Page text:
2/25/17
Achilles is ever the charmer. He is never the wallflower at parties.



2/26/17
Achilles has always loved water.When he was a puppy, I got him a kiddie pool. He loves it when others share his love for water, hence he shared his kiddie pool with other human children. More recently, he tried to persuade Athena about the fun benefits of a swimming pool. He (& Michael) didn't manage to entice her last summer, even after bringing a ball into the water. So he shrugged (in his wisdom, he knew better than to force Athena to do anything), and went back to enjoying his swim. May Achilles always have access to water ... and any other blessings he desires. For he deserves them all.


(Achilles, the excellent swimmer)

Michael: Athena, c'mon in!
Athena: I'll stay here...


2/27/17 Morning
Dogs, of course, are a source of comfort to kids. This was Michael's first Christmas with us and Achilles (right) and our since-departed Gabriela (left) helped him feel at home.




2/27/17 Evening
Not a good day for Achilles. When I went to rub his ears, I noticed he was warm. Rushed him to vet to check his temperature--and nearly smashed my dog walker's van as I hurriedly backed out of garage. He was running a fever and we got the appropriate meds. I suppose today is the start now of a series of bad days (cancer sucks). He's worth all the effort--I have never met a kinder creature than Achilles. I think you can see his kindness in this old photo, when he was all ears for a little boy who wanted someone to listen:



2/28/17 Morning
Centerfold material. Achilles (left) and Gabriela (right) appeared in two winery pet calendars. Here are the photos that got them in. (They might have gotten the calendar cover, but the winery owner had their own pets... )




2/28/17 Afternoon
As someone who's stopped traffic catching a frisbee across the length of a football field, Achilles is a superb athlete. And since welcoming Michael to the mountain with a game of soccer, he's relished following Michael's forays into sports, from baseball to basketball to track.









2/28/17 Evening

MAMA'S ACHILLES HAY(NA)KU

My
son. My
dog. My son.





3/1/17 Morning
Ajax and Athena staying near Achilles. Ajax brings him balls.





3/1/17 Afternoon
It happened so quickly. Life expires so fast. Not even a week after receiving Achilles’ cancer diagnosis, he transitioned on. Early this morning, he collapsed. I rushed him to the animal hospital where Tom, in San Francisco overnight, rushed to meet me. The cancer had spread, and the emergency room doctor—bolstered by two specialists when they realized we wouldn’t easily let go—suggested Achilles should move on. We debated for about an hour before deciding the doctors were right. We moved into a lovely room for saying our Farewell. We wanted a last chance to spend time with Achilles. While doing so, Achilles just seemed sufficiently sprightly for Tom to keep second-guessing our decision. Then his phone rang. Unexpectedly, it was Mollie who was Achilles’ favorite dog walker. Tom told her the news. She begged us to wait for her before letting Achilles go. We agreed. Realizing we had to wait at least an hour for Mollie to get to the hospital, Tom went to a nearby deli to get Achilles some steak. Achilles had been on a single-protein (in his case, trout) diet for years. Boy oh boy was he DELIGHTED to see that steak. He perked right up out of his lethargy and inhaled nearly all of the meat until I saved some for Mollie to give him. Then Mollie arrived. Oh he perked up again and they cuddled and joked around for a time. Then, Achilles looked around, and for the first time that day laid down on his side. He laid his glorious head on my right palm shielding him against the floor. That’s when we knew he was telling us he was ready to meet his sister Gabriela. It was the perfect way to shed mortality’s coils.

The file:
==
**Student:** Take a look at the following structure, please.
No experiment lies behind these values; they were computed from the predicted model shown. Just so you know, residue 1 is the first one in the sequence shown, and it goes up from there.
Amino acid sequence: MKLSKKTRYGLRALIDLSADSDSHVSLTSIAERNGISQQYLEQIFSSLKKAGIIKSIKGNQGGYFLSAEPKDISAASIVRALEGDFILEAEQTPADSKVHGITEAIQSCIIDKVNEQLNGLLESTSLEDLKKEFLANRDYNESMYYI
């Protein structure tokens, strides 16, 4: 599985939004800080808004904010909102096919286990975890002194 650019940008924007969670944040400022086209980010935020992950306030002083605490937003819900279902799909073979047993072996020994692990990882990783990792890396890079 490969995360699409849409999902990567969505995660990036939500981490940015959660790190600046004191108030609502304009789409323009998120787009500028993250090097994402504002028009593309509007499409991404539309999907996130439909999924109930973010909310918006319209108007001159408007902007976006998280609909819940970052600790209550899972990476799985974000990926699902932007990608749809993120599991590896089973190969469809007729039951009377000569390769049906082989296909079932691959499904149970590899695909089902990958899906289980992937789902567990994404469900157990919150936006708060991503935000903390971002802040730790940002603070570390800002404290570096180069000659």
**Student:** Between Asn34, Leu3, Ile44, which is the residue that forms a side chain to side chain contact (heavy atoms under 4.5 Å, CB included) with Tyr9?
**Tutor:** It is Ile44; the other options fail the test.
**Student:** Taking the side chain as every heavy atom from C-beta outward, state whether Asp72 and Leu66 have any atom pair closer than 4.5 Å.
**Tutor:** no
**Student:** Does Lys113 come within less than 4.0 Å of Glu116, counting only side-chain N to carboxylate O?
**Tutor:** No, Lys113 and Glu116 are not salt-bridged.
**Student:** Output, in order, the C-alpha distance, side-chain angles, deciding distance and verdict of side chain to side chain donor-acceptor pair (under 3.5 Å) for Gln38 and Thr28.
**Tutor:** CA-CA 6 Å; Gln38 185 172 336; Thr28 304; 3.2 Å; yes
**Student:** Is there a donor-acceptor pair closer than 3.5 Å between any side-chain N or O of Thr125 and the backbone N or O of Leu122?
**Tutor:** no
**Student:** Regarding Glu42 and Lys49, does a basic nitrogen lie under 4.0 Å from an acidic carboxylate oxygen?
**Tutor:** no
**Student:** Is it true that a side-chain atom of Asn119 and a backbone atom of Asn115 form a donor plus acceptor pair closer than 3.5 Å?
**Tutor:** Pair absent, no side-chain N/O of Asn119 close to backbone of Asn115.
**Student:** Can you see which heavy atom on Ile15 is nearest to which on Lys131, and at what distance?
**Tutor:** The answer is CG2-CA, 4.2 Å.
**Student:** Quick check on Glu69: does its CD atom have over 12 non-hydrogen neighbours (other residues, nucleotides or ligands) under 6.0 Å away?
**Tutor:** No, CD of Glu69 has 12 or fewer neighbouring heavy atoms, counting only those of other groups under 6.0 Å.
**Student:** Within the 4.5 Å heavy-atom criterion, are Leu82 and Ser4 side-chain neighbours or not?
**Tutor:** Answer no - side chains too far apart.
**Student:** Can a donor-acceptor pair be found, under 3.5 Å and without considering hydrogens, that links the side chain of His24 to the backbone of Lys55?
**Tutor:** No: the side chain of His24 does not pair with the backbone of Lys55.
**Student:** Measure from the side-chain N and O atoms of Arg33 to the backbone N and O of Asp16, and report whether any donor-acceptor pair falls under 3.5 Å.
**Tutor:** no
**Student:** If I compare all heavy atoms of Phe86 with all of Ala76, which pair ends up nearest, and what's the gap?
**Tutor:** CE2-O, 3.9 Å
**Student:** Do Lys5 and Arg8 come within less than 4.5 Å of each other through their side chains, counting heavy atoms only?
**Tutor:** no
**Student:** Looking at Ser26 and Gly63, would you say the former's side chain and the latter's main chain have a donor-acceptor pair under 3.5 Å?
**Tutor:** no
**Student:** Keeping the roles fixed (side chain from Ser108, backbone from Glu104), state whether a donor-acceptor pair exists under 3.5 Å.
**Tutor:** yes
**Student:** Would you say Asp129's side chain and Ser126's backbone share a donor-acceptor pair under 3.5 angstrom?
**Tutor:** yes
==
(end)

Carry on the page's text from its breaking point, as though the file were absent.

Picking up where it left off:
Later, Mollie would tell us, she had been walking at a local vineyard and felt Achilles’ presence, which was when she called Tom. When I asked where she was walking, it was at the same vineyard—same pathways—where we’d taken Achilles for his last vineyard walk this weekend. Achilles had been the last surviving dog from Mollie’s dog-walking business; when she entered the hospital room where we waited, guess what she discovered? Along one wall hangs a poster that had been her business’ logo. As for the doctor who ended up helping Achilles transition? It was a doctor who used to be at a different institution and, there, had saved Achilles’ life as a puppy 12 years ago. The circle turns, and turns...

Achilles and Gabriela were the mountain’s first two German Shepherds. There’s a path on the mountain that goes up and when it levels, that’s where I imagine the Rainbow Bridge awaits. Here he is on that path with his sister Gabriela when both were at the peak of their physical powers. The mountain’s next two German Shepherds, Athena and Ajax, also have walked on that path and, with this photo, I imagine the puppies seeing off Achilles and promising, “It’s our turn: we’ll take care of the family you love.”


We were blessed with Achilles when he was 9 weeks old. He leaves us nearly 13.5 years old. I am so grateful Achilles lived well, and transitioned well. Through my grief, and as I noticed when I left the hospital, I share: "My dear friends and family, it’s a beautiful —absolutely glorious —day."

Gabriela and Achilles

Athena and Ajax



************************

P.S. 
Beyond the rainbow bridge, Achilles and Gabriela frolic, forever healthy and forever amidst vineyards in flower: